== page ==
MPAA tells DVD makers how to play the game

We all know this goose stepping by the entertainment industry through trade organizations like the RIAA and MPAA is ludicrous and wrong; but for some reason they haven’t gotten the memo yet. While they dance around the dying fires of their business though they aren’t letting up on their erectile dysfunction like attitude about how the consumer has no rights.

According to a c|net article posted today the MPAA has won a breach of contract lawsuit against China-based DVD player manufacturer Gowell Electronics. As a result the US District Court for the Central District of California has issued a permanent injunction against the company that prohibits Gowell from violating any terms of the Content Scramble System (CSS) license agreement.

Big deal right?

Well actually it is when you realize that it is this CSS licence agreement which enables the MPAA to enforce the manufacturers to employ the CSS technology. DVD manufacturers are required to sign if they want to sell DVD players in the US. It is this technology that controls the unauthorized access to and copying of copyrighted content on DVDs. As noted in the c|net article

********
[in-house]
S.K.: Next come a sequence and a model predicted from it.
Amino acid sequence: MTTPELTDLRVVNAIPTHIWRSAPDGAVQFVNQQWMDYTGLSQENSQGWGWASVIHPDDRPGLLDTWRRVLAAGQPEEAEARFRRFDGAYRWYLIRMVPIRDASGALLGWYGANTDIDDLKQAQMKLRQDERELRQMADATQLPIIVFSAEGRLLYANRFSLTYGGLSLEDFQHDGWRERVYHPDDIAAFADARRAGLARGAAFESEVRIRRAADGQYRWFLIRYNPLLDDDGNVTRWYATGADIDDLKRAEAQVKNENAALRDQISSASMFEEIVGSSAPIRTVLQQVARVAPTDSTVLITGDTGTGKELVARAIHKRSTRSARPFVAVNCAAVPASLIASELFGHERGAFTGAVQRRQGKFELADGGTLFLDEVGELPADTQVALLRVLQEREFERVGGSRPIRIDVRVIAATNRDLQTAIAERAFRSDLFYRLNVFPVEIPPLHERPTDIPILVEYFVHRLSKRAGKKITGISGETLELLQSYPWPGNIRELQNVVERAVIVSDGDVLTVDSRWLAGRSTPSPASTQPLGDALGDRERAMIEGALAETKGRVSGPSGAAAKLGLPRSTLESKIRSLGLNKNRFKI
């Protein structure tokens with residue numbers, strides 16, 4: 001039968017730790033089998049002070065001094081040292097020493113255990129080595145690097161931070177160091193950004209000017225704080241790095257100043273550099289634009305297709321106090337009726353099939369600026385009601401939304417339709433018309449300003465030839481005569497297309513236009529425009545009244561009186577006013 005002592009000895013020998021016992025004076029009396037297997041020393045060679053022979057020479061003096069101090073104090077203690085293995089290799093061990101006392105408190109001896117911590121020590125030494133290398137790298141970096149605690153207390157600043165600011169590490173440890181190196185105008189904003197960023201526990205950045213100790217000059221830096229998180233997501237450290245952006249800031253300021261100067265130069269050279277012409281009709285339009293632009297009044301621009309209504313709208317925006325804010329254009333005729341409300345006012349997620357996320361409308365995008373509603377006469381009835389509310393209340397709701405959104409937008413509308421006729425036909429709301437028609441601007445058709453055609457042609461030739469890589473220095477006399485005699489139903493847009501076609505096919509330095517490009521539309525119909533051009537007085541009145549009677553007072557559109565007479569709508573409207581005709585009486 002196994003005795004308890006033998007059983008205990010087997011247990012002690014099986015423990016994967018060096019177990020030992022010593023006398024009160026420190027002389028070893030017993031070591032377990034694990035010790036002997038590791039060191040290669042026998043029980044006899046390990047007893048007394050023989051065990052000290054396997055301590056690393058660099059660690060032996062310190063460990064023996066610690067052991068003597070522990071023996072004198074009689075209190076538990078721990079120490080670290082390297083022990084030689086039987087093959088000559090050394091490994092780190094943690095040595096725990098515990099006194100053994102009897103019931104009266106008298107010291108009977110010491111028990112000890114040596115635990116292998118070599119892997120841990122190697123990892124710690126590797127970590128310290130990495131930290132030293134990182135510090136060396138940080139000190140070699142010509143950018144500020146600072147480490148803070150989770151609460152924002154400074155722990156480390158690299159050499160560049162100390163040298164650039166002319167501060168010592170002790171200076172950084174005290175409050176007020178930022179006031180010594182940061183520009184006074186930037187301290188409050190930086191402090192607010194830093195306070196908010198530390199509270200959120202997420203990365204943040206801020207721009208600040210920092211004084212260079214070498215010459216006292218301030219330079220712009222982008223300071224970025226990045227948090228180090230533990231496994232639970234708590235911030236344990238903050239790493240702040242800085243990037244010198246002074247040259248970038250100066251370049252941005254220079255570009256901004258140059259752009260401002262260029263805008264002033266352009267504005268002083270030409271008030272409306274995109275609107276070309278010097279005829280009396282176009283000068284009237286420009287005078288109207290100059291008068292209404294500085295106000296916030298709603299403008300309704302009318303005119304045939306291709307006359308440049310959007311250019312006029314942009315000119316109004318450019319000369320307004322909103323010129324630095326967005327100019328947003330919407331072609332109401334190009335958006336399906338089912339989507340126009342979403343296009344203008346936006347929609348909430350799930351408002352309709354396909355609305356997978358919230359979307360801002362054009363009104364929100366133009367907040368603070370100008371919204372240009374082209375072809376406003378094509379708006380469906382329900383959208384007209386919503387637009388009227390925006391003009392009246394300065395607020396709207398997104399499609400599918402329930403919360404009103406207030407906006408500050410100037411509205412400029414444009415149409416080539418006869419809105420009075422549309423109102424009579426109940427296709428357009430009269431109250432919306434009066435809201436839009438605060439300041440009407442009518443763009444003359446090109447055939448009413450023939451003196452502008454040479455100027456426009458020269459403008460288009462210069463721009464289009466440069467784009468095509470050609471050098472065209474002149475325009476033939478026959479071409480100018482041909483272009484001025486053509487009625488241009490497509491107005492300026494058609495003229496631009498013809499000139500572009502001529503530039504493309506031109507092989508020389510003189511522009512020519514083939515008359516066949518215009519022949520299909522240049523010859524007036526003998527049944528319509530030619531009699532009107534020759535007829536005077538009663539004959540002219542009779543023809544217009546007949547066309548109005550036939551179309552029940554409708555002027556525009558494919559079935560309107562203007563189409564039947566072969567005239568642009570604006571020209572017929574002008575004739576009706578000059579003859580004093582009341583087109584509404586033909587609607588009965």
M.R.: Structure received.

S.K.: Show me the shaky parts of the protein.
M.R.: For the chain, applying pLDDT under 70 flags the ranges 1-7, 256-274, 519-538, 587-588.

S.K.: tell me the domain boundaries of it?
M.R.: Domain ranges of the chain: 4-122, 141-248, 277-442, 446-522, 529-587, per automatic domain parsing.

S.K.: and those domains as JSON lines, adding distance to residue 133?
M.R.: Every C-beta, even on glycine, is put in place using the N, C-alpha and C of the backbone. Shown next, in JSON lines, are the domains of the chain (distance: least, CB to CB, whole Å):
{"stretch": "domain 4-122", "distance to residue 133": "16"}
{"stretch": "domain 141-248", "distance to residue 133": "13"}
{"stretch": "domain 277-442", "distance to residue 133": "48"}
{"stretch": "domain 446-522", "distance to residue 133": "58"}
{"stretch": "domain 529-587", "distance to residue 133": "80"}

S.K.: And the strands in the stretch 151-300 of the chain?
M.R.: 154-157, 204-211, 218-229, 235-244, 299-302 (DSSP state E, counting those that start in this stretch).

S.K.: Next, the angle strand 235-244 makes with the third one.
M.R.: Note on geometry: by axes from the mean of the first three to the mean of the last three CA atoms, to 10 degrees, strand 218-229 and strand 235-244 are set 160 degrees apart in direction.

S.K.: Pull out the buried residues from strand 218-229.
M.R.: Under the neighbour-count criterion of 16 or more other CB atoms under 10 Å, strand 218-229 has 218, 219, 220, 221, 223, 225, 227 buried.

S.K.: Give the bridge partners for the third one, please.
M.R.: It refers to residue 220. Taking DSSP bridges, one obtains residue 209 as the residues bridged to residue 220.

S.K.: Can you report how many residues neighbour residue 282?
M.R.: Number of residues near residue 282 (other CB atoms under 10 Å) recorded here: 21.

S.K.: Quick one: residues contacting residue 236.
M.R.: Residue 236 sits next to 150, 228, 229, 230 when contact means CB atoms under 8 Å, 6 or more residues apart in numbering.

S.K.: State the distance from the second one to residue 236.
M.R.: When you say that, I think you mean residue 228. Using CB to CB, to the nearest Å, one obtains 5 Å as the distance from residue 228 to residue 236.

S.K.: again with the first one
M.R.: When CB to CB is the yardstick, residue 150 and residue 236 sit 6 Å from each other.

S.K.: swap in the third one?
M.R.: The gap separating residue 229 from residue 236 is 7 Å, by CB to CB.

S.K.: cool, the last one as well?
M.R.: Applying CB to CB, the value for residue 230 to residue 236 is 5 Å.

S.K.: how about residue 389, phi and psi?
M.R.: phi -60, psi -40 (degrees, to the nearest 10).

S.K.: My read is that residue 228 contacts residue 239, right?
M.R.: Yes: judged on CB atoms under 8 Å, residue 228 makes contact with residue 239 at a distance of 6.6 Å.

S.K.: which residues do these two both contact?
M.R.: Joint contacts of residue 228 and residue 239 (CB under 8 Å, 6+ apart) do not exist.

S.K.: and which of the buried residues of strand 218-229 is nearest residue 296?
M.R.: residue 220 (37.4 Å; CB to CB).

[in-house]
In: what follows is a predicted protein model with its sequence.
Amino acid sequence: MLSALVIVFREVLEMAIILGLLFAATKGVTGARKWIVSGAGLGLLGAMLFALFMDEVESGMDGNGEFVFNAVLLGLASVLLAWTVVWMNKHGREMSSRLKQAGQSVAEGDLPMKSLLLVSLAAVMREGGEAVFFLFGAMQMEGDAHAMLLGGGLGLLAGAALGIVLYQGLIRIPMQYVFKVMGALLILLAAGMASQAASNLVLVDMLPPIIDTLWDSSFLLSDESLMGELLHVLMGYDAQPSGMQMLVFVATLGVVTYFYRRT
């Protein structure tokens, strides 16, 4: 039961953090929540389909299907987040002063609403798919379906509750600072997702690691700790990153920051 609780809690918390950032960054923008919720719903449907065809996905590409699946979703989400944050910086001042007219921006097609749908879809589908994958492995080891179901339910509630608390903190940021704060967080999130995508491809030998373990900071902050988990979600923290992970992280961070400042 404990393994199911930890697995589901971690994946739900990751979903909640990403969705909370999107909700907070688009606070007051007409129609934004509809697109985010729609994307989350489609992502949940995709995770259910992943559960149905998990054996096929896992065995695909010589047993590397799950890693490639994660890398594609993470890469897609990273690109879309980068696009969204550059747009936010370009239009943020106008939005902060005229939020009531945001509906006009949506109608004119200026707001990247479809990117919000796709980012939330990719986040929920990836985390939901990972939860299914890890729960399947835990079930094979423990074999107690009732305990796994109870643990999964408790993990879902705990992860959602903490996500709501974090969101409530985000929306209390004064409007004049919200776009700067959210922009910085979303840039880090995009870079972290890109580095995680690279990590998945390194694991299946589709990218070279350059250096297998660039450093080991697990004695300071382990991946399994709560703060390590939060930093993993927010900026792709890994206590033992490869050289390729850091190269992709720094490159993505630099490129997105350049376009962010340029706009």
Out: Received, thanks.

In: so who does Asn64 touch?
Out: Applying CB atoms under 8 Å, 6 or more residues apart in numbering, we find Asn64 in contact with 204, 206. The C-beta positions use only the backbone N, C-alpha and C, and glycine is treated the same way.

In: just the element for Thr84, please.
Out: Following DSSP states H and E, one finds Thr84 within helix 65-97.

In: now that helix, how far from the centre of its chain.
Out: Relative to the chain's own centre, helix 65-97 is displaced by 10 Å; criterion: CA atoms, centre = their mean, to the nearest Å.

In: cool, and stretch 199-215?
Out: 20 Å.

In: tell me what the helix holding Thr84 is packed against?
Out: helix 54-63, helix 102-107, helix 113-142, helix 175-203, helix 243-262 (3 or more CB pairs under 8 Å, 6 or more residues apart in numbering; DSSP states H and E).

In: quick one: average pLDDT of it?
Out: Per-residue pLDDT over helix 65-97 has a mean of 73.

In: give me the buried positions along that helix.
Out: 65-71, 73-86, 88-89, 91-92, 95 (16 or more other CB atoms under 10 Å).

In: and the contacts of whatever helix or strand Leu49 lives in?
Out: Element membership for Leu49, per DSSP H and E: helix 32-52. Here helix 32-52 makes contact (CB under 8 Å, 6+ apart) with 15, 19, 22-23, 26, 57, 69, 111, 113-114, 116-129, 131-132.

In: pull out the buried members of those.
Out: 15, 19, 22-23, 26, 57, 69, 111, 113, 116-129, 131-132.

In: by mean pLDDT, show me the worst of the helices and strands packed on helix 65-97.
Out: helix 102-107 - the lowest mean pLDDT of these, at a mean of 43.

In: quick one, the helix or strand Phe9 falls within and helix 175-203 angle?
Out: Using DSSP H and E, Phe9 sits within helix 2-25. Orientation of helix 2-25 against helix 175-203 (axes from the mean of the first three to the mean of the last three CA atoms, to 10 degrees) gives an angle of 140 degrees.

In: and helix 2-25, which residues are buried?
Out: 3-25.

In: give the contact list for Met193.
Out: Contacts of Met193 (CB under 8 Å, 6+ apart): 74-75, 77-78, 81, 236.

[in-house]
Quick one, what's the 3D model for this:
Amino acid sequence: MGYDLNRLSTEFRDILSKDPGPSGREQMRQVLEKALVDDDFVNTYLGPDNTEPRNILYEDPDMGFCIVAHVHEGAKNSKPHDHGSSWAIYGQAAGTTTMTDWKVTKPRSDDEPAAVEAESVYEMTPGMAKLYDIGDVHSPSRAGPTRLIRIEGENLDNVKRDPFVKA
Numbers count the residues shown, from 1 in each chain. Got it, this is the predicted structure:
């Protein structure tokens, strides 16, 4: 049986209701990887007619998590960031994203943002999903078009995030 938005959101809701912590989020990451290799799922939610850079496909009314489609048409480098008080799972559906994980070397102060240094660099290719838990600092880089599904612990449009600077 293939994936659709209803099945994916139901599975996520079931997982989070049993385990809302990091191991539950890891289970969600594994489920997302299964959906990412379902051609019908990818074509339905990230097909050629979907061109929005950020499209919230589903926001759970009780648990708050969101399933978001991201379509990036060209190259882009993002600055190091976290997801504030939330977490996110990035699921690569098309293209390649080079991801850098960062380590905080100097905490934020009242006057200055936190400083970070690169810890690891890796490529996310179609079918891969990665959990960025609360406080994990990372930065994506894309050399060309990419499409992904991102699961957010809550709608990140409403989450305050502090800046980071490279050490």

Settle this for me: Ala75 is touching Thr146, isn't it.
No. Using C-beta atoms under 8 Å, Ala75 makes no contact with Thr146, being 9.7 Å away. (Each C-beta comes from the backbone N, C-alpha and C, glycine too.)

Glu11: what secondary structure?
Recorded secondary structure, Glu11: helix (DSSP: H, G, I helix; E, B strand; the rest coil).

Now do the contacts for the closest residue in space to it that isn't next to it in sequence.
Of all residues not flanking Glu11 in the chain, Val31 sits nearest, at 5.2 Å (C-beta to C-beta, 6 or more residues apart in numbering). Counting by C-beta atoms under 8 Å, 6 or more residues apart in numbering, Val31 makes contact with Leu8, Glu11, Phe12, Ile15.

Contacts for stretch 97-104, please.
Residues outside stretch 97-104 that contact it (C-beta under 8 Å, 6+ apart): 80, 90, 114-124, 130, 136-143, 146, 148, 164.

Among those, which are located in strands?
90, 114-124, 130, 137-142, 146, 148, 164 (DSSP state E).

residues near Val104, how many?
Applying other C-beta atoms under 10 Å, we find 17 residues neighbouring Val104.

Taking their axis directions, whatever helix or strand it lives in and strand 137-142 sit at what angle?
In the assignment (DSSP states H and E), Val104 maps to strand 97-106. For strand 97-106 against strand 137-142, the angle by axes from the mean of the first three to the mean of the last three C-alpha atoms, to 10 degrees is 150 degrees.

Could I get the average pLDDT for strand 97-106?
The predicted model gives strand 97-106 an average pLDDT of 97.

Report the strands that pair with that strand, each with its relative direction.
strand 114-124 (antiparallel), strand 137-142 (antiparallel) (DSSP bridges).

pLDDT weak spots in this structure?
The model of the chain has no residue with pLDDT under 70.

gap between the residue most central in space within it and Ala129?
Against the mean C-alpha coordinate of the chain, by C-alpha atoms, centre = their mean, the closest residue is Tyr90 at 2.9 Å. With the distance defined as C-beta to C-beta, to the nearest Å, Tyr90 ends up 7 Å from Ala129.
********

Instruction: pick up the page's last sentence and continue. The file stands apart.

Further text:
The CSS license mandates the content protection that enables film studios to provide consumers with more than 84,000 DVD titles, including 12,000 new titles last year alone.

The motion picture studios are third-party beneficiaries of the CSS license and may enforce it against licensees who fail to comply with its terms.

While this is the ninth such case in which a court has issued a permanent injunction banning future violations of the license, this time the plaintiffs are allowed to review and test any new or re-engineered products that incorporate the CSS technology before going to market.

It is the last part of this where the boys at the MPAA must just be getting all excited over now because now they get to review any new DVD players that are coming into the US market. No incorporation of CSS then you don’t sell in the US. So in effect an entertainment trade group now controls what equipment you can buy in the US if it even hints at being a DVD player.